Now that bird-feeding season is upon us, I’d like to pass along some thoughts on one of the most pleasurable aspects of this hobby, the hand-feeding of wild birds. Strange as this may sound, it is actually quite simple to train a number of species to feed from the hand – assuming, that is, that you have patience and the ability to remain still in cold weather!
I was first made aware of the prospect of hand-feeding by a wonderful little book given me by my grandfather, who was always looking for new ways to see animals up close: Hand Taming Wild Birds at the Feeder (Martin, A.G., 1963; Bond Wheelwright Co.: Freeport). Over the years, I have found that chickadees, juncos and cardinals to be by far the boldest of the typical “backyard birds”. However the occasional hairy woodpecker, nuthatch or catbird may surprise you with a visit, and the aforementioned book’s author has had success with an incredible range of species.
Keeping your Guests Calm
An important point raised by the author is that you not stare directly at a bird which alights on your hand. This is good advice, and was borne out in my later experiences working with birds in zoos. If you want birds to stay close so that you can observe them, don’t stare…they will allow a much closer approach if you use sidewise glances, at least at first. Birds recognize eyes, and associate a stare with danger, it seems.
An Interesting Twist – an Owl that Fed People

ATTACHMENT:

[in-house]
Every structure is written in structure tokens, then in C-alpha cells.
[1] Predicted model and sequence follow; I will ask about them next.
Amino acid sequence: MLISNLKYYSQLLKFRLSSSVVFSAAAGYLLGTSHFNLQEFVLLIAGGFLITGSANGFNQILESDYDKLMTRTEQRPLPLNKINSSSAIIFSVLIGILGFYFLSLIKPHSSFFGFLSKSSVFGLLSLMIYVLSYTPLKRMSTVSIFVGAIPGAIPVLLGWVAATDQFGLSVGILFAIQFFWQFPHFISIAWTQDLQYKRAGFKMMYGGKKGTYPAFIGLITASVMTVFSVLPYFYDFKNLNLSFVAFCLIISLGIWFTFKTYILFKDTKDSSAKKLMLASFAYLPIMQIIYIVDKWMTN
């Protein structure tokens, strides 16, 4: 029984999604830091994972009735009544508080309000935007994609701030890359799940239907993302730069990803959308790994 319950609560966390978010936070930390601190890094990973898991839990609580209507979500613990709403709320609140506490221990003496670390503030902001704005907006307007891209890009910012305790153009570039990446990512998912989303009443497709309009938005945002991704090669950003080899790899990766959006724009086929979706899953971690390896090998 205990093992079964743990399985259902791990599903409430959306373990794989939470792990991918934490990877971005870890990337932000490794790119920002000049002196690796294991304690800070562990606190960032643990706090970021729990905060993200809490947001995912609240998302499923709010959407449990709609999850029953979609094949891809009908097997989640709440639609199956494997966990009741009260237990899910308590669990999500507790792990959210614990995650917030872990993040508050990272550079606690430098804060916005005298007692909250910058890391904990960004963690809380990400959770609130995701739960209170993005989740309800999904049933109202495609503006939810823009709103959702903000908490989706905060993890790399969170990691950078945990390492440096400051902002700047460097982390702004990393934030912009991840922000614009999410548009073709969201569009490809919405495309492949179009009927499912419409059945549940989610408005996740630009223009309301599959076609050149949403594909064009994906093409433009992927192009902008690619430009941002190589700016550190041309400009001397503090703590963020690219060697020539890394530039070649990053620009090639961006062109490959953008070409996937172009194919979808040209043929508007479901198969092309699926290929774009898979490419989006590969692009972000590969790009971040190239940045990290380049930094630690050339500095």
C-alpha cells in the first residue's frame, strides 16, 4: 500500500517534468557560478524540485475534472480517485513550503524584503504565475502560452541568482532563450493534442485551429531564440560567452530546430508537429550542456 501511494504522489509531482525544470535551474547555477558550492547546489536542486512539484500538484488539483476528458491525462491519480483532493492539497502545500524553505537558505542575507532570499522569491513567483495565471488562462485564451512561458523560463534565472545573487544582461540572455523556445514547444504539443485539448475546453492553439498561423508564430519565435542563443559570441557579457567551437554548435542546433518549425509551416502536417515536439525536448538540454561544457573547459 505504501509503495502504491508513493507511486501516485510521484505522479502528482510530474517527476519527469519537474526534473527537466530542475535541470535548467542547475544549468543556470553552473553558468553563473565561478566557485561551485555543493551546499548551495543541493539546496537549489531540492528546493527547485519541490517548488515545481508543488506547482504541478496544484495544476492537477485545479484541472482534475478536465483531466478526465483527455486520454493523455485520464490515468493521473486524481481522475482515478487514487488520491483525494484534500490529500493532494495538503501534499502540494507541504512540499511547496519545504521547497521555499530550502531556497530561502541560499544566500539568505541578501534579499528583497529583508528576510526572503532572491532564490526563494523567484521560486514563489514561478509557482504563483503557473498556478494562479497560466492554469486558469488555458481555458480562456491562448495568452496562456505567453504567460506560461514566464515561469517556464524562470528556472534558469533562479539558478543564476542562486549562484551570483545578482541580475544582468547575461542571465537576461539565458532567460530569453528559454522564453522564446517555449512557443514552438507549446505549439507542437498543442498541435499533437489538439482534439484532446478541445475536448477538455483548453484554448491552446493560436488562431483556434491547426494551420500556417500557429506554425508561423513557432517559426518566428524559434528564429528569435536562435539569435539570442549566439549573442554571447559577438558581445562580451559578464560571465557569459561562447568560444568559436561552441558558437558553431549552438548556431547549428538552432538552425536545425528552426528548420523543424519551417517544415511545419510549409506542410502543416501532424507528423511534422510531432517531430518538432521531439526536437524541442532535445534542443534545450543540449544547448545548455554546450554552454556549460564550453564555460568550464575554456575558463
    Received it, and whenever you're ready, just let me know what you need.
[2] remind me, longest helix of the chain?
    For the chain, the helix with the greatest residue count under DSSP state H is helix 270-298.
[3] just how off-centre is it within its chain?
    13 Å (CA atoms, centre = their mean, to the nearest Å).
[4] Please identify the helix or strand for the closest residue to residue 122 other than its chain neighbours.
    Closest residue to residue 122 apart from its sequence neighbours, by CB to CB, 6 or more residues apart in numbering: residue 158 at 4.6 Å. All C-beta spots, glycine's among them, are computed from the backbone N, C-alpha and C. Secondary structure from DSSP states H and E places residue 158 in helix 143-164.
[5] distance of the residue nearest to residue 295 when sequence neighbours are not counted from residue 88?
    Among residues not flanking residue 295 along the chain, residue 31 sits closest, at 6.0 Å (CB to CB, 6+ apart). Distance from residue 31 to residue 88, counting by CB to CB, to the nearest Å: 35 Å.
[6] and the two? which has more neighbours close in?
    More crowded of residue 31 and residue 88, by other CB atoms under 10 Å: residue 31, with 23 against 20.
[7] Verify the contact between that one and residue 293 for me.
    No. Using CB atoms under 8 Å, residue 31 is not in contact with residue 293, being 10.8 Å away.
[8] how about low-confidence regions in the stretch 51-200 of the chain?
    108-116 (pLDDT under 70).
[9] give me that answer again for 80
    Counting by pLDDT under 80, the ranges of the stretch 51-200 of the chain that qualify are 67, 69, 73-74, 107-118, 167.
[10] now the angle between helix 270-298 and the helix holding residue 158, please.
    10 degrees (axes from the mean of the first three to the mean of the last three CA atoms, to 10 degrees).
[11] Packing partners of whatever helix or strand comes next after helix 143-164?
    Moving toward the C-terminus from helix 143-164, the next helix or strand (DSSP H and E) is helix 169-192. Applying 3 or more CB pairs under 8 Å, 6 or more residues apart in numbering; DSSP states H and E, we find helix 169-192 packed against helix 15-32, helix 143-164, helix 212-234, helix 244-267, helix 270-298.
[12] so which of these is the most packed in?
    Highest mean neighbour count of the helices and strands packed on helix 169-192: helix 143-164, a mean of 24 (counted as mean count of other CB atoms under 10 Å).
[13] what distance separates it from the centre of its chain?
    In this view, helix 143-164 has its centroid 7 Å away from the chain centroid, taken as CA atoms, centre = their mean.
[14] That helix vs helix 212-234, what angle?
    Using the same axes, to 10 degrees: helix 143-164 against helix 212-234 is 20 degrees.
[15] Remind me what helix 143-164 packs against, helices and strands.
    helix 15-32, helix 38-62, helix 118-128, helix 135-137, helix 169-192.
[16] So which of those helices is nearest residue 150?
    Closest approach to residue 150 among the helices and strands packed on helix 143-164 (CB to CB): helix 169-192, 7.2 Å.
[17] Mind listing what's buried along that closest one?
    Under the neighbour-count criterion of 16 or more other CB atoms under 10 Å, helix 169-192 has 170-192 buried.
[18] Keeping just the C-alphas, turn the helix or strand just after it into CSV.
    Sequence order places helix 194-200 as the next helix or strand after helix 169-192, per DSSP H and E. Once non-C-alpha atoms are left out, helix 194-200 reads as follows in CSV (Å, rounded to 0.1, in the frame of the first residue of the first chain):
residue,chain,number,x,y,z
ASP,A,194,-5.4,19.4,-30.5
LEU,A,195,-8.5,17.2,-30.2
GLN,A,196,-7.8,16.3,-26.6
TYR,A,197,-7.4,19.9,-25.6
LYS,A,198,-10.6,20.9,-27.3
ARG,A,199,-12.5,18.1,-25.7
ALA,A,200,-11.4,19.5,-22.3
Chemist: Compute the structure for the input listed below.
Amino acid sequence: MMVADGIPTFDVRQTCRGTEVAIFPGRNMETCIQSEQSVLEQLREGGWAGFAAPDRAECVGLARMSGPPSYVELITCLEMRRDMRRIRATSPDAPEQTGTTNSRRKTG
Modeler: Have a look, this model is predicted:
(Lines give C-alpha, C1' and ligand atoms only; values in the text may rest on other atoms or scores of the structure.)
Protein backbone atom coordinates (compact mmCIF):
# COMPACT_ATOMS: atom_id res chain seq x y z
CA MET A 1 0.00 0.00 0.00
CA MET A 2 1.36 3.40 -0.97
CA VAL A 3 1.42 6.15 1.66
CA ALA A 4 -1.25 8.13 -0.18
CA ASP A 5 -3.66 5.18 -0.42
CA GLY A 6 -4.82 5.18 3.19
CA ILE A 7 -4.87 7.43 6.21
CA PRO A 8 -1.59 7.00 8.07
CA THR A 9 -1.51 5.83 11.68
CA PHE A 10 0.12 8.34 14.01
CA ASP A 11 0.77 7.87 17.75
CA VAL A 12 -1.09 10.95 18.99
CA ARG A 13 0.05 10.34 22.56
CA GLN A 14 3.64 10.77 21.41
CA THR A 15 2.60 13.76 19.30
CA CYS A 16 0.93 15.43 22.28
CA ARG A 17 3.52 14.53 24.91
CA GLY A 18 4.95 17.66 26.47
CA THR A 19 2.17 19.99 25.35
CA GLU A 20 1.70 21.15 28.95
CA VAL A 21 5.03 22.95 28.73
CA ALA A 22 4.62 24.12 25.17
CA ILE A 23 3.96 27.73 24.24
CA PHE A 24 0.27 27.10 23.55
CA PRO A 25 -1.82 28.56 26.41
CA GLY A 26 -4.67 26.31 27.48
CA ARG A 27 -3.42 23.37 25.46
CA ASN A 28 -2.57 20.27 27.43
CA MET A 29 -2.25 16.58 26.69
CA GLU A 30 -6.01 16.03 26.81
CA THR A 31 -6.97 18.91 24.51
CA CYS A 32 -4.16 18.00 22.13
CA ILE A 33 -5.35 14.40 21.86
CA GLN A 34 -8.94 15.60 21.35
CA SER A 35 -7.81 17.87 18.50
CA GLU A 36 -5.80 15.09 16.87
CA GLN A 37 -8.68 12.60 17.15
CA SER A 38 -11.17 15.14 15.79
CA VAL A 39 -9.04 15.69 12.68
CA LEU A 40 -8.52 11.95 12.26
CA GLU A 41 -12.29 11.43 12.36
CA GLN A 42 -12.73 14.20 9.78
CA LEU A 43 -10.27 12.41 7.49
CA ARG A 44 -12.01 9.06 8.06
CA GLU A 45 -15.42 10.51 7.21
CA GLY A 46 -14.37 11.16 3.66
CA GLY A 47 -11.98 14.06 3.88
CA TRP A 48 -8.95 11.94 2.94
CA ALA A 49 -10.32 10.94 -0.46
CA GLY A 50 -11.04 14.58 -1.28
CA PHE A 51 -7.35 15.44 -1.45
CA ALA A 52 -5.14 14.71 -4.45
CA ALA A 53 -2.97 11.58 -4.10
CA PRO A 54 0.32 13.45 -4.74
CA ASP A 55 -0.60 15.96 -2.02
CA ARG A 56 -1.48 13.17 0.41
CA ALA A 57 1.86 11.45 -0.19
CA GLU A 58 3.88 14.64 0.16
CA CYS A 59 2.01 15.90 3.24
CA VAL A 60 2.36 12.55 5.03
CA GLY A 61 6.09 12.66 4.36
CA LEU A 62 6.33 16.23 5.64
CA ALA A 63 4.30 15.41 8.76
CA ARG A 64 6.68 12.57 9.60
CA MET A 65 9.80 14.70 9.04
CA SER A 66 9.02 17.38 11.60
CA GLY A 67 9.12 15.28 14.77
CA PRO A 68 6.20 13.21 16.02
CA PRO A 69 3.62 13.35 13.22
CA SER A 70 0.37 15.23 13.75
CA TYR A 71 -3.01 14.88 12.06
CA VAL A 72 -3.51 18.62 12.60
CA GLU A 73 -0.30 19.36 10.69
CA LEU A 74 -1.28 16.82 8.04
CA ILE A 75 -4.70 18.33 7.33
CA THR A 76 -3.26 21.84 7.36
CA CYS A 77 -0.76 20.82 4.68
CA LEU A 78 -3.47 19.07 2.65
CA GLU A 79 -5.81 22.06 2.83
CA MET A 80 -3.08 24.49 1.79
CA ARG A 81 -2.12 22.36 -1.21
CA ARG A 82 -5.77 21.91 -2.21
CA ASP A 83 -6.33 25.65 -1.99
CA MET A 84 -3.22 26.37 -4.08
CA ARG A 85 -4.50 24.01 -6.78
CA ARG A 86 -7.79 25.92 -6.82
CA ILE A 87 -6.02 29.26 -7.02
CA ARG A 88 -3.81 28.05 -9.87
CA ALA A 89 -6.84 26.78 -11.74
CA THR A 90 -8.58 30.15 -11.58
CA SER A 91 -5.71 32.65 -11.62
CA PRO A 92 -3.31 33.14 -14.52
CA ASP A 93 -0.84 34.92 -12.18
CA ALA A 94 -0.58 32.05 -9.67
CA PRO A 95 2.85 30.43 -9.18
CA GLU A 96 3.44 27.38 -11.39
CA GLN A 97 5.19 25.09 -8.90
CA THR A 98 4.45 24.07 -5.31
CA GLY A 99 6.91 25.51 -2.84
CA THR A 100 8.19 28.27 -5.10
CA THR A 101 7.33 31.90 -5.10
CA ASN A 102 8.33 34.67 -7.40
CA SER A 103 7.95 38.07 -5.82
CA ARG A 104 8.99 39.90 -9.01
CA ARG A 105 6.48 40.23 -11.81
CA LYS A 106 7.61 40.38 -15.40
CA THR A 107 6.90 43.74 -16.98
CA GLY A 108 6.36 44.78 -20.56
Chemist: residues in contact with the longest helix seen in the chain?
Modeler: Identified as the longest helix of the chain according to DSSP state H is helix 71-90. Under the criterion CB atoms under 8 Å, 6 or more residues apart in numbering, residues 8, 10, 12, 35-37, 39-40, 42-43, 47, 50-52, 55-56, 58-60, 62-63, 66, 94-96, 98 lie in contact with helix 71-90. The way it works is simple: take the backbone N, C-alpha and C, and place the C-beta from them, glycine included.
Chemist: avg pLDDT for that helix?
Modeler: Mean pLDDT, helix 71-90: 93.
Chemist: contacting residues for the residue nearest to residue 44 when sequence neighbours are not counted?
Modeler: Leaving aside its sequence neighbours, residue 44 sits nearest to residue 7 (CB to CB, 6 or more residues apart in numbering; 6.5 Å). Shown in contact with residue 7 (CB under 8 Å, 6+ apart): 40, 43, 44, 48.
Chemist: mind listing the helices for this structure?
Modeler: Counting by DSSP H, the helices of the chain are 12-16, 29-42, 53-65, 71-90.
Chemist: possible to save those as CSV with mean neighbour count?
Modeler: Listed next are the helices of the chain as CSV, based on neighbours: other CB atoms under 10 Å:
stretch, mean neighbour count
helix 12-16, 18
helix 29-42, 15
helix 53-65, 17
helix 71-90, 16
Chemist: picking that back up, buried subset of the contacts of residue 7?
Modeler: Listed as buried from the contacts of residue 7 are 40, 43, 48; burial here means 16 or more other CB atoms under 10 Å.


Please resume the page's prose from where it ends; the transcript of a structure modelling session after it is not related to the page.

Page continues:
I found it interesting that birds also seem to “know” what a mouth is. The author makes the point that one ought not “swallow” when a bird is on the hand, lest it fly off. A screech owl that I once helped to raise definitely confirmed this. He was imprinted on people and when ready to breed attempted to offer mice (a traditional owl nuptial gift) to his human friends. Alighting on a shoulder, he would invariably attempt to jam the mouse in one’s mouth – never in an ear!
The Best Foods to Use
When feeding wild birds, choose a seed mix that contains a wide variety of ingredients (i.e. Scott’s Multi-Bird Blend), so as to attract many species. A good hand-feeding technique is to offer pieces of suet. Although often thought of as being specifically for woodpeckers, birds of all kinds crave this high-energy food in winter…its presence in your hand will help to overcome their initial shyness.
The accompanying photo shows yours truly with a friendly black-capped chickadee in hand.
Please see my article Introducing the Turacos (Family Musophagidae), With Notes on an Unusual Individual for a story about a bird that was a bit too habituated to human company.